The Court found that the employer had just cause to dismiss Vardalas, and dismissed the claim.
Mr. Vardalas worked for BC for a little under five years as a law clerk, from July 2006 to June 22, 2011. BC practices in the areas of insurance lawsuits, personal injury, disability claims, medical malpractice, and "commercial/contractual actions", primarily catering to the Greek, Chinese, and South Asian communities in the GTA.
In March 2011, Vardalas registered a sole proprietorship called "Nomos Consulting Services" - 'nomos' being the Greek word for 'law'. It officially opened in early June, 2011, and shortly thereafter BC was told about it by the President of the Greek Community of Toronto. George Bougadis asked Vardalas about it, and Vardalas explained that Nomos was his wife's business, and simply assisted people in filling out forms for citizenship, passport, and pension applications, and that Vardalas himself had nothing to do with it. Basically, it was a translation service, to hear Vardalas tell it.
Bougadis was satisfied by the explanation, even offering to refer clients to Nomos in appropriate circumstances. (I'm surprised by this, actually - neither Vardalas nor his spouse were licensed by the Law Society, and carrying on a business under that name would send up alarm bells about what exactly they're holding themselves out as.)
However, the next day, the President of the Greek Community sent an email to Bougadis, enclosing Nomos' "Grand Opening Flyer" - indicating that Nomos assisted with completing forms for a large variety of proceedings, completing 'appeal letters', and provided representation at tribunal hearings - suggesting that Nomos was acting in direct competition with BC in a number of ways. Furthermore, Bougadis received Vardalas' business card from Nomos, identifying Vardalas as a Nomos 'Consultant'.
Bougadis then confronted Vardalas again, and Vardalas continued to deny involvement in the business. (It didn't help that Nomos was registered in his own name, either...) Vardalas was dismissed for cause.
The primary issue was 'just cause'. However, just cause being a high threshold, there were a lot of more technical issues to fight about along the way. There was a contract executed nearly four months after Vardalas started, imposing restrictions on outside work Vardalas could perform. Did the contract have 'fresh consideration'? The Deputy Judge found that it did. Were the restrictive covenant provisions enforceable? The Deputy Judge found that they were...but ultimately, it didn't matter, because even without an express written contract, an employee impliedly owes a duty of fidelity:
- Serve the employer faithfully
- Not to compete with the employer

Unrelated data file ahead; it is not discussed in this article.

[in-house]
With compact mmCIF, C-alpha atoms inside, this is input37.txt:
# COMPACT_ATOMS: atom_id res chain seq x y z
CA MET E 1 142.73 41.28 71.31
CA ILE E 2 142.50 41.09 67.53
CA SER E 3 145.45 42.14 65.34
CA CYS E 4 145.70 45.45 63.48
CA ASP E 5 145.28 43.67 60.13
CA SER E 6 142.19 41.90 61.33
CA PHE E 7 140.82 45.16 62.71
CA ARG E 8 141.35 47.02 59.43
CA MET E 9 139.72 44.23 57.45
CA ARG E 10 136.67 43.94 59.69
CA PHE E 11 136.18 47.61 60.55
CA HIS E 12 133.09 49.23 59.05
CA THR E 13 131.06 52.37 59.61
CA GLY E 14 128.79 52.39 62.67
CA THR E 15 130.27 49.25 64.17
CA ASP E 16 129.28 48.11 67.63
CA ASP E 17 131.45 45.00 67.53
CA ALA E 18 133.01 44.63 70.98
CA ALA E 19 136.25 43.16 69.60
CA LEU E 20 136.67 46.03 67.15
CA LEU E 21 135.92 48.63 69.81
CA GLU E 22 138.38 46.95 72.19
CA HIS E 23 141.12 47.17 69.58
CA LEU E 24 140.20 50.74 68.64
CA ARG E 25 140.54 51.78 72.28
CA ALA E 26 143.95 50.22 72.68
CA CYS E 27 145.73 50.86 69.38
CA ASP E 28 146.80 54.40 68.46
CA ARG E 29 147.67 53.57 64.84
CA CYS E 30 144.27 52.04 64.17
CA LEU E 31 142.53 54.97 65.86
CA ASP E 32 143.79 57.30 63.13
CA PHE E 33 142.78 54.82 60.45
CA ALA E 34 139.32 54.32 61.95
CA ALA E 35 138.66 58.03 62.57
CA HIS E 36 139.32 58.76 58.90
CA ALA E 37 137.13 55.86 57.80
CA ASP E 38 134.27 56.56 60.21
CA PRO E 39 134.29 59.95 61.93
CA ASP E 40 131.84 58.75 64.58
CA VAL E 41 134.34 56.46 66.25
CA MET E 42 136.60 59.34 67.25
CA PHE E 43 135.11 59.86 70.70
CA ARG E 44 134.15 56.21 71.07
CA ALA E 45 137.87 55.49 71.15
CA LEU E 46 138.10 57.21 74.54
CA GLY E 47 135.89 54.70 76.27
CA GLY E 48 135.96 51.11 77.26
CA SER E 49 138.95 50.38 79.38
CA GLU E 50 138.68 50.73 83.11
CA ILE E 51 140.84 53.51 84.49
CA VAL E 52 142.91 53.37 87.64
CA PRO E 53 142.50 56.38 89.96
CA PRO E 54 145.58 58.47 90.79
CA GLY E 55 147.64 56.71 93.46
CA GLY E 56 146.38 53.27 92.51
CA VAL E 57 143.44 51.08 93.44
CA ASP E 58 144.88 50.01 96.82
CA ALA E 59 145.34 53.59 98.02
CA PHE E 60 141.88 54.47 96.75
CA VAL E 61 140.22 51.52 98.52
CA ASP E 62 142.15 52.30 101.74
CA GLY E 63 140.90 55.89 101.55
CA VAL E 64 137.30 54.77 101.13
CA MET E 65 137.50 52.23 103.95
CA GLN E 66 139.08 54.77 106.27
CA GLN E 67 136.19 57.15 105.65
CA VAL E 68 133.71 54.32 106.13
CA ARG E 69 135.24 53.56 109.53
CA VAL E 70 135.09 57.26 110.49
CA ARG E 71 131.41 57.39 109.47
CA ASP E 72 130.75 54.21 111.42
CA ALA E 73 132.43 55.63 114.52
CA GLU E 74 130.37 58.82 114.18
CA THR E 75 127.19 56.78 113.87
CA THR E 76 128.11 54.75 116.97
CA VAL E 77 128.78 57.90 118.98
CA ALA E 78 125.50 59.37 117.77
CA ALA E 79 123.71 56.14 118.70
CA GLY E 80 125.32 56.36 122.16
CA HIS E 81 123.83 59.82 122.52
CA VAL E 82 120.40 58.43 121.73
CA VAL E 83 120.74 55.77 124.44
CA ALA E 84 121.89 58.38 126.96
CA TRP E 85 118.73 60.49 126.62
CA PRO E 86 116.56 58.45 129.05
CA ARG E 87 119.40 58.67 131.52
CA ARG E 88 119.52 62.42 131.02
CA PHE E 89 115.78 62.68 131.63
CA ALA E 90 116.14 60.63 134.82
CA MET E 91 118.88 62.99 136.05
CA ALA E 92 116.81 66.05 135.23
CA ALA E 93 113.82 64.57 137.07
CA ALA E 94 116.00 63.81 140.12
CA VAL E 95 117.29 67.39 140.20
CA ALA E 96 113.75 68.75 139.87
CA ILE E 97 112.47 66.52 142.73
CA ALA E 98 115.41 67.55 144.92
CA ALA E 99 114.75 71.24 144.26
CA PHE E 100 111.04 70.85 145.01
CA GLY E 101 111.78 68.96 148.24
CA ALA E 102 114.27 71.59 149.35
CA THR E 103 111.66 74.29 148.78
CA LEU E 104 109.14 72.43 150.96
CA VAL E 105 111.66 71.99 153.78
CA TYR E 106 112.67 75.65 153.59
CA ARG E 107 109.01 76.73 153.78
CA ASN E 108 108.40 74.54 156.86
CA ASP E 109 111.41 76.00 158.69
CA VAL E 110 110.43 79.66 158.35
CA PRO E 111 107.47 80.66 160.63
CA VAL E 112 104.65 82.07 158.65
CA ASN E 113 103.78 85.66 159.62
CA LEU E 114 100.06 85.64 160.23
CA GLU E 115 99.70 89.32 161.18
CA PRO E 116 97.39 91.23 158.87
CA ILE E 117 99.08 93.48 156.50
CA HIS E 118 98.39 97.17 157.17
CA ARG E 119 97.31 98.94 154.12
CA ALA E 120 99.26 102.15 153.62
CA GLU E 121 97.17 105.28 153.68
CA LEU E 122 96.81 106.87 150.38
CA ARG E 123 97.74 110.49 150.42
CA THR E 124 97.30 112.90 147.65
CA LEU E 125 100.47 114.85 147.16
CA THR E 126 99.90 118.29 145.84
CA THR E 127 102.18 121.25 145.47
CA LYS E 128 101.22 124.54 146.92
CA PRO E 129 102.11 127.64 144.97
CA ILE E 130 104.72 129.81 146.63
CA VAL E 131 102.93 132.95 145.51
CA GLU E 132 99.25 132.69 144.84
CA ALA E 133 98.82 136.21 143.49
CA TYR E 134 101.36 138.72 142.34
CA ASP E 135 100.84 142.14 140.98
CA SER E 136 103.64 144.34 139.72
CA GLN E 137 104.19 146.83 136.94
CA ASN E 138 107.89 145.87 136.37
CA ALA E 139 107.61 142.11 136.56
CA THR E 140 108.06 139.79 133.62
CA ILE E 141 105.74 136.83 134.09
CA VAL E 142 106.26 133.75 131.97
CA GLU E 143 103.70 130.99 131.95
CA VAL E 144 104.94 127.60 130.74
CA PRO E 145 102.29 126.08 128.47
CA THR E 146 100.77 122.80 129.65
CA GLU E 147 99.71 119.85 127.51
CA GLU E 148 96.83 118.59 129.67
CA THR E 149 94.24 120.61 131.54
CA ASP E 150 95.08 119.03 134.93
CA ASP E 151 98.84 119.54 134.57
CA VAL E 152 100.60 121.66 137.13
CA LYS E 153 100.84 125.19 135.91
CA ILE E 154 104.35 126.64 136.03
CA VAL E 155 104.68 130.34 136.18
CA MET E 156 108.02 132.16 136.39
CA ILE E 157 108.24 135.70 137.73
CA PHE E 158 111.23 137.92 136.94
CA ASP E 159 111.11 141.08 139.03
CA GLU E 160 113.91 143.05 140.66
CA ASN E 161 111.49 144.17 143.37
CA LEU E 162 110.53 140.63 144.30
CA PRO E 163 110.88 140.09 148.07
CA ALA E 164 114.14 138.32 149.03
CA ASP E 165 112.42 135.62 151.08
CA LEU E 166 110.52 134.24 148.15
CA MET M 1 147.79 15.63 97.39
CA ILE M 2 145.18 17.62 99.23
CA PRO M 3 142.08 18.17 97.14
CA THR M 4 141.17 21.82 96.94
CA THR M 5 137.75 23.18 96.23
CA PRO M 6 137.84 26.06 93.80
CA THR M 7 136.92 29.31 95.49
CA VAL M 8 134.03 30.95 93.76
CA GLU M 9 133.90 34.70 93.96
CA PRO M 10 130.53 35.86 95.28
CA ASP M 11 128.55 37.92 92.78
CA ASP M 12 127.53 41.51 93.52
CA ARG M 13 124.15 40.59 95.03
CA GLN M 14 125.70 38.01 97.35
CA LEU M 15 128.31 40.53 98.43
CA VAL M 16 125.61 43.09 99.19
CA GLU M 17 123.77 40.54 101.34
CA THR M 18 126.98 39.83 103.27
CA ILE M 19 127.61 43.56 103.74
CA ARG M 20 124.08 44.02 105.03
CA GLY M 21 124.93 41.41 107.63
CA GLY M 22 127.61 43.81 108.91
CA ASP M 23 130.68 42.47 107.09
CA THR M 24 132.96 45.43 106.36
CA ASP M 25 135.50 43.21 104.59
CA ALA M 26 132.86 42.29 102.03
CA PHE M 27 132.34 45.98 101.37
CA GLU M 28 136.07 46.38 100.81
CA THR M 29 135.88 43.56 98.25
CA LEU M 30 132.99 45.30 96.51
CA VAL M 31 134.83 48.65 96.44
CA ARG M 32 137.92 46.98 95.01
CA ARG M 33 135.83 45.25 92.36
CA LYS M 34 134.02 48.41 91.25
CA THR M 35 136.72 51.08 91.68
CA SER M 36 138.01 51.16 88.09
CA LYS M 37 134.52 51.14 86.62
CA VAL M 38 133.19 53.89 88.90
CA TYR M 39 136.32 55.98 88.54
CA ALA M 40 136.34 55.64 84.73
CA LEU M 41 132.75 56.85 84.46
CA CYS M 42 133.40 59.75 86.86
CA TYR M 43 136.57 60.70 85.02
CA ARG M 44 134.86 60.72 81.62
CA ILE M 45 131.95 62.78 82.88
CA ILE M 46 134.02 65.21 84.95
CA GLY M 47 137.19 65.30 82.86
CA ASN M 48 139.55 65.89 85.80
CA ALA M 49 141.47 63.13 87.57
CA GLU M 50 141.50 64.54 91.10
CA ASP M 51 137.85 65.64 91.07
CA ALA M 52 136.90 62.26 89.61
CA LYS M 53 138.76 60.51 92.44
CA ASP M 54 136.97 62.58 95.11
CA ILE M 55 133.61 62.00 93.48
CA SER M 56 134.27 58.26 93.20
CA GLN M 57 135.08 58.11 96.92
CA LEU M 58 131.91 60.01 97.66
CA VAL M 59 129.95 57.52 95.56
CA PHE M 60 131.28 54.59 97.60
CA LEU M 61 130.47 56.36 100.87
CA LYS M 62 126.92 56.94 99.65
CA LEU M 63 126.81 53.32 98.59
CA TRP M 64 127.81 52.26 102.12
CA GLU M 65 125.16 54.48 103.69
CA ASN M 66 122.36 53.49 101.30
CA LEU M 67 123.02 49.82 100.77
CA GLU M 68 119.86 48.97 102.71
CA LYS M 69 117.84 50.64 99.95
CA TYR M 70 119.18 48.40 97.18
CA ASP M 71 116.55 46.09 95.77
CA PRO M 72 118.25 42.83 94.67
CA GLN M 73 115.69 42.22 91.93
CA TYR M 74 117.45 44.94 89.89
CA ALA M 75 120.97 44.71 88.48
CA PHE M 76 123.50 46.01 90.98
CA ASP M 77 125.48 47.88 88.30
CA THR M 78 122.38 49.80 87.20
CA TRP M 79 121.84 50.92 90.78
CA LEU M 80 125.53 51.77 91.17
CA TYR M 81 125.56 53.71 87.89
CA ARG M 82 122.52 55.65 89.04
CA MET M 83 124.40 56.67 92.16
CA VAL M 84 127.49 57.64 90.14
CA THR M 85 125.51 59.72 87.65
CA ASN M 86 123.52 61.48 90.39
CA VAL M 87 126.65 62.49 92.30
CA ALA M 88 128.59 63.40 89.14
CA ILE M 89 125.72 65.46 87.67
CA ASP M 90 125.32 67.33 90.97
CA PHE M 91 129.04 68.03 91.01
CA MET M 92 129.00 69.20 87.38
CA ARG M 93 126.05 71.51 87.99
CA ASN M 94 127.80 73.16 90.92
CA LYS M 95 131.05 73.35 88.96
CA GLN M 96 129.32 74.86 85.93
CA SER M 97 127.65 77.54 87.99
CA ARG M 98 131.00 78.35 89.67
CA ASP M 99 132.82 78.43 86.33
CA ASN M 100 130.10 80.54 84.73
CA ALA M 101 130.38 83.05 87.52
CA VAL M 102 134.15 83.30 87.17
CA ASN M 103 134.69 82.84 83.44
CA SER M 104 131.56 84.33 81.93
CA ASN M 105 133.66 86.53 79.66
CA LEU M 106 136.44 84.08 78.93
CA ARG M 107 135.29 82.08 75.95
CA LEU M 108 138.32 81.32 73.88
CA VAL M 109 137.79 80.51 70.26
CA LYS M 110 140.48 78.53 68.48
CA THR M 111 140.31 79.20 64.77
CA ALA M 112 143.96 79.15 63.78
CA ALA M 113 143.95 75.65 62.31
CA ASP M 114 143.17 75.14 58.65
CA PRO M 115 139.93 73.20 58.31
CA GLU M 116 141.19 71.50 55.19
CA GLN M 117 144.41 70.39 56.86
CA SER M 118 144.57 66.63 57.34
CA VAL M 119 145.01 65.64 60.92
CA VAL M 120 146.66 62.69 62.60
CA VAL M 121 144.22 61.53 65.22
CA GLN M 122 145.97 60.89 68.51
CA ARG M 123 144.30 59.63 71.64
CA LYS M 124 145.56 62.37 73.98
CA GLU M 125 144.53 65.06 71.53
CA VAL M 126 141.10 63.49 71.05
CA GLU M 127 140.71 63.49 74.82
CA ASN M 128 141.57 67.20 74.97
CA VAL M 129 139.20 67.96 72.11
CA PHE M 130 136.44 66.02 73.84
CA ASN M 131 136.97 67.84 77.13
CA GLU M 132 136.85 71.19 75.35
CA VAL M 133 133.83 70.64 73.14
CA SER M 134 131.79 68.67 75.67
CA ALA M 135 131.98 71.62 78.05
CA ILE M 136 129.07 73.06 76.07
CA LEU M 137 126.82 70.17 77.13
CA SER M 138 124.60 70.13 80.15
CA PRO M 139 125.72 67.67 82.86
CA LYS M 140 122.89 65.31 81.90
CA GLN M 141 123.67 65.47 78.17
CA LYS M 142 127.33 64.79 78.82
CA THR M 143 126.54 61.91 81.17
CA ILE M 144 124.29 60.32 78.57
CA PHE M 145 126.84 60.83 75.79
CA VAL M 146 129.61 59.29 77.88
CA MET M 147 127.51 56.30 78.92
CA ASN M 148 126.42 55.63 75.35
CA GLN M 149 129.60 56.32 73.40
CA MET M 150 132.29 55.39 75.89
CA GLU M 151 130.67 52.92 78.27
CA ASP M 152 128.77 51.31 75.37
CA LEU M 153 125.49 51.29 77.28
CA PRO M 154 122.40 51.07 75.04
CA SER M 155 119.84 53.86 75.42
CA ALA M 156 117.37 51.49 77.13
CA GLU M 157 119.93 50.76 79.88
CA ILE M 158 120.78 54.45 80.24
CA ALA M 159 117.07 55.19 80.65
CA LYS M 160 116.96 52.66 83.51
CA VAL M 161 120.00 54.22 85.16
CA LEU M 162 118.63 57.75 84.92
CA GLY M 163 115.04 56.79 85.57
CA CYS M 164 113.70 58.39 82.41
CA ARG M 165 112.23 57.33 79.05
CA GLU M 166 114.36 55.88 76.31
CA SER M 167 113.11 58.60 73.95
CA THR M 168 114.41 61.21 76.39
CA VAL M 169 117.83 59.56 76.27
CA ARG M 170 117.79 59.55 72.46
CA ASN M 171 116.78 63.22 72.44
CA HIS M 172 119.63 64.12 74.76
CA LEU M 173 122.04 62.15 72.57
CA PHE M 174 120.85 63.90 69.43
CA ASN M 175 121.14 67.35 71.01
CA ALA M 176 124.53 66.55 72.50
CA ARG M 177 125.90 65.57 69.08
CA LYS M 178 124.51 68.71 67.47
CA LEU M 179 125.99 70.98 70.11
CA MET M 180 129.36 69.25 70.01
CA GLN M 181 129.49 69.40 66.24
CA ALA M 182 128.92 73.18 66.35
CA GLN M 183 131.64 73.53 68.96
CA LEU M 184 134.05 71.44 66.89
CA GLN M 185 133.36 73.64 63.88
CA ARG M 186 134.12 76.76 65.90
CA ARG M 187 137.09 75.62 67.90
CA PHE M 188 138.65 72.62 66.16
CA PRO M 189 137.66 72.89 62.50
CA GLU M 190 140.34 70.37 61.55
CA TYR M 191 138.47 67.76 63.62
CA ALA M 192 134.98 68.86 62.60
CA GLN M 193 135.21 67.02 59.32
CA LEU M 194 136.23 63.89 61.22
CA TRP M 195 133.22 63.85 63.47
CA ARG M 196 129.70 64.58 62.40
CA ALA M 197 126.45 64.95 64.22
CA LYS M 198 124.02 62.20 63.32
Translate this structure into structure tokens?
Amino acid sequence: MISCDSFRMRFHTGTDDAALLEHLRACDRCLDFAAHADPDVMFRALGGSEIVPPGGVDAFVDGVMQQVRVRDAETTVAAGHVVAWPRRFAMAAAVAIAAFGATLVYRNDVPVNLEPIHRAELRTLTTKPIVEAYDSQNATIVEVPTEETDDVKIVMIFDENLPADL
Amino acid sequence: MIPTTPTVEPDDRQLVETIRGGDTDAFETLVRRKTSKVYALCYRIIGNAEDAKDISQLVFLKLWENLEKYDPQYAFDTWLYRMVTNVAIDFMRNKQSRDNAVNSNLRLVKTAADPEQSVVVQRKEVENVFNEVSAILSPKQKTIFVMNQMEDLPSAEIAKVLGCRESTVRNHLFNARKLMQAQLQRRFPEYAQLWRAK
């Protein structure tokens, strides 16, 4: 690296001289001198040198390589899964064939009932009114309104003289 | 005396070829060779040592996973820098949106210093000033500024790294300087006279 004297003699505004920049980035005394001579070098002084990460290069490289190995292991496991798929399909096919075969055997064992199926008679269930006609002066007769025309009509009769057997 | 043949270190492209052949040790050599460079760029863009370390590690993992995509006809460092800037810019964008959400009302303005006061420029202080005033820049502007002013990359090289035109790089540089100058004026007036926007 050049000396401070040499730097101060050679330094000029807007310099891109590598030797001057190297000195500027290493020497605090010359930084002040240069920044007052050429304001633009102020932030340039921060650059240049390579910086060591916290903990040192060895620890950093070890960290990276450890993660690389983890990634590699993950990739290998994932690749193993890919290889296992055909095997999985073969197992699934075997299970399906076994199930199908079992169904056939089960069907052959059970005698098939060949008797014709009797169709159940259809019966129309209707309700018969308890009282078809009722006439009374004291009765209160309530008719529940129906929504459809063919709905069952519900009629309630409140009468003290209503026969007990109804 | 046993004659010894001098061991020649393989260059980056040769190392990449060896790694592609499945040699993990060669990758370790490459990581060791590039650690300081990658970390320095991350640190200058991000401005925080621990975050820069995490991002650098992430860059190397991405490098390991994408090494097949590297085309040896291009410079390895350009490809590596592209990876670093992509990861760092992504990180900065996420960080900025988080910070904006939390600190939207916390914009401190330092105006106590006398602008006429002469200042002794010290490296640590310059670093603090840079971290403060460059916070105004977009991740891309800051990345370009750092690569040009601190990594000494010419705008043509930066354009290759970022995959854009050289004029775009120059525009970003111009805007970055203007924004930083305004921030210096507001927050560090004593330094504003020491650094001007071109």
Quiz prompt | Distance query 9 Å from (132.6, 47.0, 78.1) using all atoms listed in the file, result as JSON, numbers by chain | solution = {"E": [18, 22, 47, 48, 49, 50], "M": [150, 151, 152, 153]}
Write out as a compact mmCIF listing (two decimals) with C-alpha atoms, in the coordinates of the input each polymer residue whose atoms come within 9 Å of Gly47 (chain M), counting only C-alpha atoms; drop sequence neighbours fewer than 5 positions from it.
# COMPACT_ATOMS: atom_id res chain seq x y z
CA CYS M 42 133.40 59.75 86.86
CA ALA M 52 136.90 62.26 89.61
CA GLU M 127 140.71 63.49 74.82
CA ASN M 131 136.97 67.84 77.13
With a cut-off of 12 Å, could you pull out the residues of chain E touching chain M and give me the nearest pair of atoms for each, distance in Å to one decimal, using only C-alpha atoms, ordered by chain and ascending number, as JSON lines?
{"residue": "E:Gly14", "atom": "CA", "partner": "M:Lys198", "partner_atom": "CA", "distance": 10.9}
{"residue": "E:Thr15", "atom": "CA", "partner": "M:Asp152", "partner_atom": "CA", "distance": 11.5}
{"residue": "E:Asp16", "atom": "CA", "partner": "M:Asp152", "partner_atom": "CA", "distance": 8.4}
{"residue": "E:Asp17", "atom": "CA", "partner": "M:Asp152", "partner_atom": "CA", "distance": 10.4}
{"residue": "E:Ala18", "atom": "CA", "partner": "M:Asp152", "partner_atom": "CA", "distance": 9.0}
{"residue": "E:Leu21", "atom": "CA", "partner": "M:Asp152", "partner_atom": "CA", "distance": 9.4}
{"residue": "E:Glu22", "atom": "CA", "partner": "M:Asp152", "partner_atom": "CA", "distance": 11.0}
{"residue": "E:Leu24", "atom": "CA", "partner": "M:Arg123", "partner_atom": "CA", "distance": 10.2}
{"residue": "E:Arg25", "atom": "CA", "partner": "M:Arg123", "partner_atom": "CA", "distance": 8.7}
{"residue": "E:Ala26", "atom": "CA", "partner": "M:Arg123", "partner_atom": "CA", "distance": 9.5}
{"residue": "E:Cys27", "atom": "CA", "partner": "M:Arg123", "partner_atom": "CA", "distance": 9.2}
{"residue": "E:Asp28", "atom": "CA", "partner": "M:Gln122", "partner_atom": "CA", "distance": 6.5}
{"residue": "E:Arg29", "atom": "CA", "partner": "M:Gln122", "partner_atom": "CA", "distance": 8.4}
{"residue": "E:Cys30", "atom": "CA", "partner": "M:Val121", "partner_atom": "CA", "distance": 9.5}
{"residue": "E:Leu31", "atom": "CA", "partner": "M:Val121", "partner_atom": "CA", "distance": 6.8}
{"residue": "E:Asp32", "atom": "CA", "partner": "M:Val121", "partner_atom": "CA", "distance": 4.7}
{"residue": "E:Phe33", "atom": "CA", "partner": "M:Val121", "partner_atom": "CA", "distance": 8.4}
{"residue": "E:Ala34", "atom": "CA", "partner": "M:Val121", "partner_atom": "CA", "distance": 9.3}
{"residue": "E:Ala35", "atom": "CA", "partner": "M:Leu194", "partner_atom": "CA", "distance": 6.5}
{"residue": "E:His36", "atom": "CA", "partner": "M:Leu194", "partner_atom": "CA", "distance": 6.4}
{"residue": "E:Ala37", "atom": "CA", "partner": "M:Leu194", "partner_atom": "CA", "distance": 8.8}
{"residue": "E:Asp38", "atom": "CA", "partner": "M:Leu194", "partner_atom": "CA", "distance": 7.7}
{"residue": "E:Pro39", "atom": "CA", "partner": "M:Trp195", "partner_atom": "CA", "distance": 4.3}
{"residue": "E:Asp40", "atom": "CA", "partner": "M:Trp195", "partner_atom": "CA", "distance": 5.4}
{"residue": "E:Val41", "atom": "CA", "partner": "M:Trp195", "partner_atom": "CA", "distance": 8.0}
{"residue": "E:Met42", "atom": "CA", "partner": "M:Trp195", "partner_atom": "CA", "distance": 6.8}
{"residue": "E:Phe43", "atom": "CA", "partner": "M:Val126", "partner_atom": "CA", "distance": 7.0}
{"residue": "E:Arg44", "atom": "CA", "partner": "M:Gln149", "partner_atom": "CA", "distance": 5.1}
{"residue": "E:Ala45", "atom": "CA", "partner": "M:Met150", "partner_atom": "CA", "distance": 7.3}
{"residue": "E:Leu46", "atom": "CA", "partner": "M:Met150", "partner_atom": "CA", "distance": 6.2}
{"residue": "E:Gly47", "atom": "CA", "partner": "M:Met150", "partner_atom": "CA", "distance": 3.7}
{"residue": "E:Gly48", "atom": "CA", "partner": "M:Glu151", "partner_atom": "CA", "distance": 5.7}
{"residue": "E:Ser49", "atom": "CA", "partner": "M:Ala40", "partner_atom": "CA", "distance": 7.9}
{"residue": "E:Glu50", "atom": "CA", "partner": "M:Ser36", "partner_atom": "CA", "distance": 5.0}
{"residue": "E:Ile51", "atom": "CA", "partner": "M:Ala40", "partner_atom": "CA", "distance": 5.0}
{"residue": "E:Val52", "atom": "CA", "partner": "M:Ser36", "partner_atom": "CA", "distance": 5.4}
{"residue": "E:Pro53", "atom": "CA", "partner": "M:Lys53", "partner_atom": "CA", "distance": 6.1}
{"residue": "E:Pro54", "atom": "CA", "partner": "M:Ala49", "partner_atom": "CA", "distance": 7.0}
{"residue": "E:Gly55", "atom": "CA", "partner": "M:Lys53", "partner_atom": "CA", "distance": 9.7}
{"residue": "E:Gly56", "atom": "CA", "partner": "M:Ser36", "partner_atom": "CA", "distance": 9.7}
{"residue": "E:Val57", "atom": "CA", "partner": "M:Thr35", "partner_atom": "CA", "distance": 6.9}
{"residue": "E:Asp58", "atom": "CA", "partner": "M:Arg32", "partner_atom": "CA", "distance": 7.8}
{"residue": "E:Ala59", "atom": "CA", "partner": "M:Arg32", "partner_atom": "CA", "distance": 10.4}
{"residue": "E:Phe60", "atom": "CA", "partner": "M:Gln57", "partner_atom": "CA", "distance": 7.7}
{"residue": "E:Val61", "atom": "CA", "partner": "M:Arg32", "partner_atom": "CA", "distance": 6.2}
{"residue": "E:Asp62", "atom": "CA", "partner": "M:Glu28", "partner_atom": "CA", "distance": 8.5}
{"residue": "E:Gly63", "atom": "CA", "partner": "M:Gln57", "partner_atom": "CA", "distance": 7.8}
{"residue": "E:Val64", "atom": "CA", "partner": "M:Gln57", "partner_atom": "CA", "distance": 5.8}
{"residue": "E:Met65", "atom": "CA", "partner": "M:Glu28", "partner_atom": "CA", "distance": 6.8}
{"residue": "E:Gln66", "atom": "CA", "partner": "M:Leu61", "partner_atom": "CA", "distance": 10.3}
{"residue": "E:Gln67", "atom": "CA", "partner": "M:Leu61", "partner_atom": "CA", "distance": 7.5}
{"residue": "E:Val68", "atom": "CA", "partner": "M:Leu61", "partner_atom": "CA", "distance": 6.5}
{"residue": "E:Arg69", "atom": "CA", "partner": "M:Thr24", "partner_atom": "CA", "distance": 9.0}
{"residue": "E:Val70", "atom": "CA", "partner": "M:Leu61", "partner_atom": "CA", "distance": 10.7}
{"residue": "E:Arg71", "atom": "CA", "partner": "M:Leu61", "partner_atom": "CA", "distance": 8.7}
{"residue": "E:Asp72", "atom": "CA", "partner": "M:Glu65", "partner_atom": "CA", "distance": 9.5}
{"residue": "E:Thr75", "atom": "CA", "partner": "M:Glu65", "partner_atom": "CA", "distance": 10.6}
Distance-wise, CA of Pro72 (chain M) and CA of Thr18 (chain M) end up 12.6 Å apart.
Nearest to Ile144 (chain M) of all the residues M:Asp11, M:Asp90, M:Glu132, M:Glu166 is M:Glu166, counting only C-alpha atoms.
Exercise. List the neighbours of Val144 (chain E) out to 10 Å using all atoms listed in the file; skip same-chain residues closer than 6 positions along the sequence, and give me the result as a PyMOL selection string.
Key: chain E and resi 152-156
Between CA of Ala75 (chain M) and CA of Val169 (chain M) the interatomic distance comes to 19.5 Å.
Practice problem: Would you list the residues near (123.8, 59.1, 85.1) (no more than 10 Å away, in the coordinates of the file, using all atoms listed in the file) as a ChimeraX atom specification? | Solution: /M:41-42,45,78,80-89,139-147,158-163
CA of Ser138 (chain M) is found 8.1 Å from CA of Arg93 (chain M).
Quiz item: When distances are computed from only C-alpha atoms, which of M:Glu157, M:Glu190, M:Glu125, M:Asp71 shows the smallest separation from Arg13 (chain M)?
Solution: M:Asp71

- Not to reveal confidential information
- Not to conceal from the employer facts which ought to be revealed
- To provide full time service to the employer
So, contract or not, Vardalas engaged in misconduct by starting up a competing business. (Had it been a non-competing business, that would have had different considerations...it might still have violated the terms of the employment contract, but would not so obviously have jeopardized legitimate interests of the employer.)
Worse, when confronted about Nanos, Vardalas lied about it.
The real problem for Vardalas arises because he was often the first point of contact with new clients - he was responsible for client intakes and initial client screenings and pre-interviews. This required a high degree of trust, and afforded Vardalas an opportunity to steer away clients from BC to Nomos.
Thus, the Deputy Judge was satisfied that Vardalas' conduct was incompatible with his employment obligations, and found that Vardalas had just cause. (The Deputy Judge went on to assess damages, finding a reasonable notice period of 5 months, but after mitigation income and a 'gratuitous payment' by the defendants of $4,000, the damages only would have been less than $2,700.)
I don't really take issue with any of the Deputy Judge's findings - the specifics of the 'fresh consideration' aren't really set out in much detail in the decision, but from his description, it certainly sounds like that finding was available. It doesn't surprise me that he concluded that there was just cause, and the reasonable notice period and treatment of mitigation earnings seem perfectly appropriate. (It appears that the defence actually called the mitigation employer to the stand to give evidence of mitigation earnings. This is very unusual...but recall my remarks recently about how the onus of proving mitigation earnings is on the defendant? There you go.)
However, there are two issues I would highlight: Firstly, the treatment of additional misconduct - while obiter - is troubling, and secondly, there's a potential condonation argument that doesn't really seem to have been addressed.
The employer took a little bit of a 'kitchen sink' approach, raising prior issues of insubordination and absenteeism by Vardalas to bolster its case for cause. Following one incident, the decision notes that Vardalas "refused to meet with the defendants' Office Manager to discuss this incident and also questioned the Office Manager's authority to deal with the issue".